Our approach to measuring digital capability and why it’s important

Defining what we mean by ‘digital’ is a critical first step

We work with public sector organisations to help them understand their digital maturity. What digital maturity means to us is the capability of an organisation to design and deliver change that meets their goals and the needs of their users.

It’s about both people – the skills and capabilities that an organisation needs to operate effectively in the internet age, and crucially the leadership, structures, technology, processes, and governance that bind an organisation together and create the environment for effective and sustainable delivery.

It’s about end-to-end service delivery, not just the website

Defining what we mean by ‘digital’ is a critical first step in these conversations. Digital means many things to many people. We love Tom Loosemore’s definition:

“Applying the culture, processes, business models & technologies of the internet era to respond to people’s raised expectations.”

Using this definition means we can describe how an organisation is able to use and apply digital in the way it designs its services, and the capabilities it has to support this way of operating. This includes the things that are obviously digital, like the website, but it also importantly extends across all end-to-end service delivery.

Why it’s so important

There are a number of common challenges facing organisations who want to start or accelerate their service improvement, and they hold back change:

  • knowing where to start – organisations want to refocus their services to better serve their customers, but they don’t know what to prioritise
  • strategy and vision – there can often be a void between organisational strategy and digital strategy – if the latter exists. Vision and strategy need to clearly articulate where you are going and how you will get there
  • language – words like ‘digital’ and ‘agile’ can be inaccessible for people who aren’t used to working in software or digital delivery teams. They mean different things to different people, and without being explicit about what it means for the people responsible for services, you can’t build unity around change
  • skills and capability – without the right skills, in the right places, you simply won’t be able to design and deliver services in a different way to how it’s always been done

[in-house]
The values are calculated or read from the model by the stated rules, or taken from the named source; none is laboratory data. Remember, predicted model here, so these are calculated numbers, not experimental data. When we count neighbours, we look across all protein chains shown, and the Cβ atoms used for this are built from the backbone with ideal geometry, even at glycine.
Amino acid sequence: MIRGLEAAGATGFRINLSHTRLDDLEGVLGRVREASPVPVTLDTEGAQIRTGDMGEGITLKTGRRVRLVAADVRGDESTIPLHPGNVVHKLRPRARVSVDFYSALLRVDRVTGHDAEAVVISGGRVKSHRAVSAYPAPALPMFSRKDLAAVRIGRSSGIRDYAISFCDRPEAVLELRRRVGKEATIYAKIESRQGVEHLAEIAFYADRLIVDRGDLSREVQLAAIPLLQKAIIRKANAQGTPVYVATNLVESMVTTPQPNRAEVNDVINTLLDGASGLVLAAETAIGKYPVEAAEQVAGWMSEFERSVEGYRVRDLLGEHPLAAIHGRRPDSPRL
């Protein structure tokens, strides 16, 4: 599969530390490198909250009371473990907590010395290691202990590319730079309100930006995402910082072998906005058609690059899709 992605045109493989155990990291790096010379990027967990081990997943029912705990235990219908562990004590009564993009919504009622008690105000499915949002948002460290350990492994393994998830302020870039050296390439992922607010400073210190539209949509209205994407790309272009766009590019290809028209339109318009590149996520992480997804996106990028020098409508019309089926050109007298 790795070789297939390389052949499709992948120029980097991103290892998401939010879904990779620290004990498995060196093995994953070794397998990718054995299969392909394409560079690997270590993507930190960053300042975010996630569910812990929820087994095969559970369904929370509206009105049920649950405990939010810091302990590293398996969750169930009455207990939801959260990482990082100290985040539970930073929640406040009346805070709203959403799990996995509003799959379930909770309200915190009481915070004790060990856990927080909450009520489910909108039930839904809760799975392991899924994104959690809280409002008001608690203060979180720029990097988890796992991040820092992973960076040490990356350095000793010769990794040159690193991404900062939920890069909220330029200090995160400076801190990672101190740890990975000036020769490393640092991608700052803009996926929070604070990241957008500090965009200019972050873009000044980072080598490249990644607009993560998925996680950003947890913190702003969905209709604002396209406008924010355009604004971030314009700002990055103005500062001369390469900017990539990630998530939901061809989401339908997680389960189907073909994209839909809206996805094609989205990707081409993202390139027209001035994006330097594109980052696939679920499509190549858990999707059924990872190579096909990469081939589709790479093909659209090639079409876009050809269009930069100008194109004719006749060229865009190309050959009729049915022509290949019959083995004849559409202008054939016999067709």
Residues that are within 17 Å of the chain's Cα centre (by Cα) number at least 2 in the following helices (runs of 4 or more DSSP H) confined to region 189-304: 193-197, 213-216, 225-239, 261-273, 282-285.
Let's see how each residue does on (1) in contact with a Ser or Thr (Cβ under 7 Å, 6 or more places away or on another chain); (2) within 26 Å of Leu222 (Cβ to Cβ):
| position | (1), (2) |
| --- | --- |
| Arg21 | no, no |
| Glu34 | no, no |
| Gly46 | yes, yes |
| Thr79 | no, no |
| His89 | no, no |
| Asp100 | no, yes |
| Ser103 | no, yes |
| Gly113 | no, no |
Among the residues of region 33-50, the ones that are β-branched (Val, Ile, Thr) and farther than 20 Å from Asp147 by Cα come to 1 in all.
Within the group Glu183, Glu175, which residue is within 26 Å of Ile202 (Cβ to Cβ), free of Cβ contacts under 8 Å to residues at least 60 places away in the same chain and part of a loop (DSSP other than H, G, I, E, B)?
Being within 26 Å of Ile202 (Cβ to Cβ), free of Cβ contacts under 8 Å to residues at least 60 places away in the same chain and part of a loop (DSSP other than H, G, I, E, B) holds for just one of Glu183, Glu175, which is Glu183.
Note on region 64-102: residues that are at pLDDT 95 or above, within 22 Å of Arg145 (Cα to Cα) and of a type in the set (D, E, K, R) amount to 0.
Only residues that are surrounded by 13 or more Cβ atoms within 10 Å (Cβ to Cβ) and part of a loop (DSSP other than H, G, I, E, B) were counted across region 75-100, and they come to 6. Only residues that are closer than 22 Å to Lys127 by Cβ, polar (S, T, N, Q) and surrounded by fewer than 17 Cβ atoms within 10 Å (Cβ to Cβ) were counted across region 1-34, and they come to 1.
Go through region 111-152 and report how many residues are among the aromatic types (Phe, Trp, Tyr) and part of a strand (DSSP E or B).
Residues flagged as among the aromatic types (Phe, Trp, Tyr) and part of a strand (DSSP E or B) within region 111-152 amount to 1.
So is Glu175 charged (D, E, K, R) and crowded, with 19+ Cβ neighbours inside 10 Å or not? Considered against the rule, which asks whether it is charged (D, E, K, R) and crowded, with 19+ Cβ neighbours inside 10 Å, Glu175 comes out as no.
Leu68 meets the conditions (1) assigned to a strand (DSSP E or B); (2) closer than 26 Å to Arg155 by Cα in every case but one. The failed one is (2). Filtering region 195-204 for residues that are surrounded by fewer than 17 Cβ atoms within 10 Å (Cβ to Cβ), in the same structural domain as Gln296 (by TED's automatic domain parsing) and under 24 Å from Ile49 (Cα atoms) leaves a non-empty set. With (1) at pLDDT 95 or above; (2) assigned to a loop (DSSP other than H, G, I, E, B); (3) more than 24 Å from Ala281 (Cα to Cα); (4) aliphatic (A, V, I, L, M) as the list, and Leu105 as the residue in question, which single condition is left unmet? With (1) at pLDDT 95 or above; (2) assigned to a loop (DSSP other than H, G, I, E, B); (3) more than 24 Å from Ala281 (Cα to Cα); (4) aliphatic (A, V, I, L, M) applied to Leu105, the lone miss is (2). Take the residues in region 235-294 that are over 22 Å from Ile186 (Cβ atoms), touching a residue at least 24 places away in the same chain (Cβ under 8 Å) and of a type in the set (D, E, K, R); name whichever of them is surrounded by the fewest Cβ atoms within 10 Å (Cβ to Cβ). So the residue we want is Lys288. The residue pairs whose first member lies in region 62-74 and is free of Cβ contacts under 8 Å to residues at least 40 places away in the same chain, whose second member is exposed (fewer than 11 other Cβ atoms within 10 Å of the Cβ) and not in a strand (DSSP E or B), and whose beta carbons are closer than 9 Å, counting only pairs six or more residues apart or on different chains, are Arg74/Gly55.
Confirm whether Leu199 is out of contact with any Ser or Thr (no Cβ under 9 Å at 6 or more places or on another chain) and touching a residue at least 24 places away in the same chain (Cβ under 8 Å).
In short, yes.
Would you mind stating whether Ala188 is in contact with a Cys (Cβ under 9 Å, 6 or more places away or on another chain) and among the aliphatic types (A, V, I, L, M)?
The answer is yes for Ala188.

• opportunities for testing and experimenting – often experimentation is not possible, meaning service owners have to commit large sums of budget to large projects with little opportunity to test
  • procurement – traditionally IT and technology purchasing decisions have been dissociated from customers needs. Being more aware of how IT infrastructure impacts on customers is key for service owners and procurement teams

How to measure it

Measuring your digital maturity, and then translating the results into a practical roadmap you can follow, needs a tailored approach. An assessment of a transactional, single product agency will have a very different focus to an assessment for a large council that provides hundreds of services to a diverse range of users.

The approach we take is to:

  • assess capability through delivery, rather than through theory
  • benchmark against ambition, rather than against other organisations
  • give you actionable steps, not just a report
  • develop a prioritisation framework with you so you are ready to start

The 11 aspects of our digital maturity framework

We’ve developed a digital maturity framework that we use when we’re working with clients. At the core of the framework are 11 aspects of maturity that, taken together, provide a comprehensive set of lenses to measure how well set up an organisation is to deliver.

the dxw maturity framework which looks at 11 aspects of capability

Because different organisations have different priorities and different focuses, we start with an inception workshop with senior leaders to establish which of these aspects are most important. This allows us to concentrate on the right questions so the assessment outputs are as useful and meaningful as possible.

We measure the aspects in different ways, but they always involve hands-on workshops, interviews, shadowing and testing how things really work in practice. This means we can get under the skin of an organisation and see how the different parts work together – strategy, policy, governance, technology and delivery – to meet customer needs.

A clear way ahead for your organisation

At the end of an assessment, we regroup with the organisation’s leadership to replay our findings and share our view on the level of maturity against each of the aspects we’ve focussed on. Our structured approach gives an easy to understand metric that shows a maturity level, and more importantly where improvements should be focussed to meet that organisation’s ambition.

the dxw maturity scale from not digital to fully digital

The final part of the conversation is the agreement of a set of recommendations for the organisation to close the gap between their current position and their ambitions. These recommendations form a roadmap which is broken down into work that can be delivered and will have the most impact.

We’ll be blogging soon about our experience of using the framework with North Lincolnshire council. If you would like to find out more, please get in touch.